Trade strategy must balance public and private interests
Donald J. Boudreaux makes an excellent point in his Nov. 20 Opinion piece, "Want world peace? Support free trade." Free trade, in theory, works marvelously at averting war and conflict. However, if we are serious about world peace, we must advocate for a system of fair trade designed to raise worldwide living standards, environmental protection, and workers' rights.
I respectfully disagree with the author's notion that openness to trade inherently leads to "economic freedom." Has this freedom and prosperity been achieved by Americans who have lost their jobs to corporate outsourcing? Deals such as NAFTA and CAFTA have resulted in job displacement and depressed wages.
It would also be wise to consider the perverse effects of special interests on the policymaking process in our country, especially in matters of trade.
It should be no surprise that Democrats, in response to these trends, are taking a more protectionist stance. The approach is shortsighted, but framing these complex issues in a typical "support free trade, it's good for you" mantra leaves much to be desired, as well. Unfettered market capitalism is not the "end all, be all." Ultimately, both political parties share responsibility for the failure to deliver a comprehensive US trade strategy that balances public and private interests. The current system sells us short, and we need a fresh approach. To truly achieve peace, the world needs a global New Deal.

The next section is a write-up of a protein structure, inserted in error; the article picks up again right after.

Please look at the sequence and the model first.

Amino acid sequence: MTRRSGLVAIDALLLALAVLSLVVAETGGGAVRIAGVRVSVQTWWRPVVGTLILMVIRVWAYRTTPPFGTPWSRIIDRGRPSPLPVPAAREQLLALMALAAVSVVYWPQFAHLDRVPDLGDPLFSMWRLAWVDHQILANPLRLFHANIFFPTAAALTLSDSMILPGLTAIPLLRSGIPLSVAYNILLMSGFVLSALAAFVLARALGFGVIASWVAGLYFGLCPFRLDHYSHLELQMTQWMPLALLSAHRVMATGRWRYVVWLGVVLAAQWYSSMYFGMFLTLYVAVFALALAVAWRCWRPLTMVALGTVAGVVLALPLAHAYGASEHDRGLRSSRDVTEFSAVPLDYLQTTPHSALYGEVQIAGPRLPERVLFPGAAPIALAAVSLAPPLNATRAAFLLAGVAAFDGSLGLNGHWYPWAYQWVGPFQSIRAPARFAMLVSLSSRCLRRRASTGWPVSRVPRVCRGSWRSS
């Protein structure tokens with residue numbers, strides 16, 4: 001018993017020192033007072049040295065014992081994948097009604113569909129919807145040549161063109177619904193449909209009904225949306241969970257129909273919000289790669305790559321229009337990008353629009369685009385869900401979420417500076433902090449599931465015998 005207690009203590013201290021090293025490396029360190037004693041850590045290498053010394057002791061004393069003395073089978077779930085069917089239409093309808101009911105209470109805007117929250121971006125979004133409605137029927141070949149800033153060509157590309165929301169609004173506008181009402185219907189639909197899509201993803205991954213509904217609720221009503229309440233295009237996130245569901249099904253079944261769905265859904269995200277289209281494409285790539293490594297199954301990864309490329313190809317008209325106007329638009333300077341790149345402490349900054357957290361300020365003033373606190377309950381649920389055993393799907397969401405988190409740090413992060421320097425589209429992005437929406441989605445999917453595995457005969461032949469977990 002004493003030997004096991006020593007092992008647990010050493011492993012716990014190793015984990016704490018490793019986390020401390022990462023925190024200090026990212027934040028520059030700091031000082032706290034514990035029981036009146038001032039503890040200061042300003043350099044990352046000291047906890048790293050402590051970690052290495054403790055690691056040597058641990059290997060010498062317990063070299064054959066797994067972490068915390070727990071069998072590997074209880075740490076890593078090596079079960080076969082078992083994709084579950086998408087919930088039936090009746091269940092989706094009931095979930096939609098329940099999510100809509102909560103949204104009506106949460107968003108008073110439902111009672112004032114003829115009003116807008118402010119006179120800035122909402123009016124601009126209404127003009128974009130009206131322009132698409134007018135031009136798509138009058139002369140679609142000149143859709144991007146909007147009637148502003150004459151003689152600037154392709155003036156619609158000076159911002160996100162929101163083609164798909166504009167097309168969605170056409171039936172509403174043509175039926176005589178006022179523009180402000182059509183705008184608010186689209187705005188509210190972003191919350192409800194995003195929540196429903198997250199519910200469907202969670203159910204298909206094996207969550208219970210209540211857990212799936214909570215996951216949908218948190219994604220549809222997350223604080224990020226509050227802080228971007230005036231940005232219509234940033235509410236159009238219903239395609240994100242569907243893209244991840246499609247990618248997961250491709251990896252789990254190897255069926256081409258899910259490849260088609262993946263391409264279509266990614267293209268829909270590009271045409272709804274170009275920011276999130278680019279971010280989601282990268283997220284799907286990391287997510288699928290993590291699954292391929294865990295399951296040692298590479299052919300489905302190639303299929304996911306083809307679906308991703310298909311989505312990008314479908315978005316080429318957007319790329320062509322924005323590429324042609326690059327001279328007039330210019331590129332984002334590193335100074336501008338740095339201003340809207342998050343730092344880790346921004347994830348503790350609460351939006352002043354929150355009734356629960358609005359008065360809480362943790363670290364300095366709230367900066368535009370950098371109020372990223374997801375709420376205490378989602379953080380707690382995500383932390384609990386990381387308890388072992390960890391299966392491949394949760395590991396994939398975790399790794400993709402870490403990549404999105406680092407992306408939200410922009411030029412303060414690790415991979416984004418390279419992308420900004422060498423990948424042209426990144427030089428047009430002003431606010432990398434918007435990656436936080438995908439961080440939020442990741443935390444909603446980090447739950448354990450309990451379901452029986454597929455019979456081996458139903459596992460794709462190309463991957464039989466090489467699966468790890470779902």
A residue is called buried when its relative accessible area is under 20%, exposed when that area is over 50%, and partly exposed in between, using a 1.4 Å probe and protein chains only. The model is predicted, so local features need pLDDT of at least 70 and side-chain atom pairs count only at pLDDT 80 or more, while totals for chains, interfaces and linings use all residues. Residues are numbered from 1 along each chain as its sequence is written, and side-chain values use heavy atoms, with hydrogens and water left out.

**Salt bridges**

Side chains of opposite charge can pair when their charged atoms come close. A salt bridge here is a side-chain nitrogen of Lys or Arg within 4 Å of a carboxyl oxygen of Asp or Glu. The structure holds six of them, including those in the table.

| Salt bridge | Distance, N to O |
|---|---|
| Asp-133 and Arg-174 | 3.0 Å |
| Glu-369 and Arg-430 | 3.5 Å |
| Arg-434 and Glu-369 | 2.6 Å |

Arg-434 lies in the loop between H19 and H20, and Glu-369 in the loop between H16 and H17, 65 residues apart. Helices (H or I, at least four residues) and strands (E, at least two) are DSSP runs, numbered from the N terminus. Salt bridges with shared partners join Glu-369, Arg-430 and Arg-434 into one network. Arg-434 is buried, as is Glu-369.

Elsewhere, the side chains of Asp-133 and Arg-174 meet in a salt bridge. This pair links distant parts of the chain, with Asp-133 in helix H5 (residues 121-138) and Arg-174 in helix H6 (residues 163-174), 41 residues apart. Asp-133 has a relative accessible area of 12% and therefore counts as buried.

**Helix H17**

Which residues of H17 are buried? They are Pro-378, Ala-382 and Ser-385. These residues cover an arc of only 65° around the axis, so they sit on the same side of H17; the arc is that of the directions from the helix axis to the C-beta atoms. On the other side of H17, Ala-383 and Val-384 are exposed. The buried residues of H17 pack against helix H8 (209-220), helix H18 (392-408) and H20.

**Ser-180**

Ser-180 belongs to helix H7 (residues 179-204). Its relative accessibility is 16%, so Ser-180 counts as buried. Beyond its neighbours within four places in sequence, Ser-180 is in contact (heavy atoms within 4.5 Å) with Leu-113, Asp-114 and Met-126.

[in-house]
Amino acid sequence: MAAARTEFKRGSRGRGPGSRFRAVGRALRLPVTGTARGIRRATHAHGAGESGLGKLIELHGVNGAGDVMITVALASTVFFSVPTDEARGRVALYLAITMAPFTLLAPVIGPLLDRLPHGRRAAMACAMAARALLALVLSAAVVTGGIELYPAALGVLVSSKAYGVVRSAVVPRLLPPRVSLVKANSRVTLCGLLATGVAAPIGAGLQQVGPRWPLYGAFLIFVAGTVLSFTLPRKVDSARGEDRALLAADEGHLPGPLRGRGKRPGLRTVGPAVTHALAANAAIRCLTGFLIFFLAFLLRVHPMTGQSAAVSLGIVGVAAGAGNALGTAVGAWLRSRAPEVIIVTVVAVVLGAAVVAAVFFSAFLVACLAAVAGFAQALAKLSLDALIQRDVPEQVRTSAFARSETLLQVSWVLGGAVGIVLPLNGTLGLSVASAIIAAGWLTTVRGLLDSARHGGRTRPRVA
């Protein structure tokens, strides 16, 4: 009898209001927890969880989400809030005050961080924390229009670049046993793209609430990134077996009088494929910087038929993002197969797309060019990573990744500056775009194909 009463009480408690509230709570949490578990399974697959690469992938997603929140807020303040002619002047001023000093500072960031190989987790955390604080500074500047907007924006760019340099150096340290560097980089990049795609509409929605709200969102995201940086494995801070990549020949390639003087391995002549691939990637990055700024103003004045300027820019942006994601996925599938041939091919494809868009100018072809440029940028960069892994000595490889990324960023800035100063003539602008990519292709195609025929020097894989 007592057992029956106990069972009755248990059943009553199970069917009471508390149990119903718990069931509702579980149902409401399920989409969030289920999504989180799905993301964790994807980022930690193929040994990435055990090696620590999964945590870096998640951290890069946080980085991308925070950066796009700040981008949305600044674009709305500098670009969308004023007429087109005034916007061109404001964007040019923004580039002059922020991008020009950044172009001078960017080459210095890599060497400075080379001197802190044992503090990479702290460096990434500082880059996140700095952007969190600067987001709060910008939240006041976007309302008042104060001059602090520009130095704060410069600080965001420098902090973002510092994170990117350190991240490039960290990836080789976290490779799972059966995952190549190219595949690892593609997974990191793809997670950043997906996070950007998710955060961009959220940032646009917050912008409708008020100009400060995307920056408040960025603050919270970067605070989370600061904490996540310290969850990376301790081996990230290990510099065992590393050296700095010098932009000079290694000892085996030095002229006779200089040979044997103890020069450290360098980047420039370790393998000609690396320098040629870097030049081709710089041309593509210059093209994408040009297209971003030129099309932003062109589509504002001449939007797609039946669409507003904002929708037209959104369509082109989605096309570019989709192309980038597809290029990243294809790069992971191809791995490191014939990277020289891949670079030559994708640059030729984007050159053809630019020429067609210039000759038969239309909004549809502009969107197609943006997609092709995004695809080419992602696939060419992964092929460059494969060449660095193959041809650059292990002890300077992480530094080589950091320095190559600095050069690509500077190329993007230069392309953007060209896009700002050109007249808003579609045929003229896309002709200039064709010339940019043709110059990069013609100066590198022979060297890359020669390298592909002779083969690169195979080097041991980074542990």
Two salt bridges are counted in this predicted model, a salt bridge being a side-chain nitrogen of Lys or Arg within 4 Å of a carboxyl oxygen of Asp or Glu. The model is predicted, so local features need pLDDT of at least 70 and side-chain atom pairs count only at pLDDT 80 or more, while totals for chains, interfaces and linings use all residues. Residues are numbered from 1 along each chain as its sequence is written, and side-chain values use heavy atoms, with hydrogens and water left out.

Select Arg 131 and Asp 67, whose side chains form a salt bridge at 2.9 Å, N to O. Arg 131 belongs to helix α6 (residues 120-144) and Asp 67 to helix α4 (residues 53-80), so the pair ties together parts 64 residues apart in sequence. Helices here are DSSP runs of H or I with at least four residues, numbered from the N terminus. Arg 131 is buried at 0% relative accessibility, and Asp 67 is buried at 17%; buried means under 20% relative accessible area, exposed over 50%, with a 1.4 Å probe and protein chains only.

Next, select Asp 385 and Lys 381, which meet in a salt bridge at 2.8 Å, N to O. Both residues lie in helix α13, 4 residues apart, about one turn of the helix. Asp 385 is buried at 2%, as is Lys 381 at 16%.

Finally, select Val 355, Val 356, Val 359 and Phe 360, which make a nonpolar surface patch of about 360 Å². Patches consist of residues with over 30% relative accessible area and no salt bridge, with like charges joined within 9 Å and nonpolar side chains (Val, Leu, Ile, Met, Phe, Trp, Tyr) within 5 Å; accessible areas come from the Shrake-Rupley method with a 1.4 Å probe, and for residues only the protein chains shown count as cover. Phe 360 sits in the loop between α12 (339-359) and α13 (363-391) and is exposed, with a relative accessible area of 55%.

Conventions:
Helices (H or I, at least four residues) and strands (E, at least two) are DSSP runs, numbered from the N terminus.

Regarding Donald J. Boudreaux's Nov. 20 Opinion piece in support of free trade: What about free trade of labor? Everyone talks about free trade, but we still have protection of domestic labor. I can't sell my time in a foreign country, nor can foreigners sell their time in the US. If the markets are really going to be opened up, then there should no longer be work visas. If corporations get free trade, shouldn't individuals get that as well?
Dialogue can mend interreligious rifts
I was delighted to read the Nov. 27 article, "US works to bridge its Muslim trust gap." Bridging this gap is one step that we can take to avoid the "clash of the civilizations." Monotheistic religions believe in one God, and we are all children of God. Dialogue is the best policy to resolve any misconceptions among religions.
The Nov. 20 article, "A note to the travel industry: Who are you calling 'over the hill,' " caught my eye. I read a few of the travel brochures to which the writer refers. But I use them only for ideas. Otherwise, I "plan" my own travel, sans reservations, and I usually go alone. Staying in lower- or lowest-price accommodations gives me access to interesting people all over the world. I've stayed in the four- and five-star hotels where no one speaks except the gracious help; and I've stayed in hostels and camped where everyone speaks to one another.
I just camped in Yellowstone near a UN military attaché and a retired Scottish fisherman and his family. That evening around the campfire beat any fancy bar in a five-star hotel. Inexpensive accommodations also let me stay longer and meet even more interesting people. As for age, you're as old as you think you are. I rode my bicycle, unsupported, across the US when I was 57 and 58, and I worked as a park ranger when I was 60. So leave your diamonds, your attitudes, and your backyard at home, and go for it.
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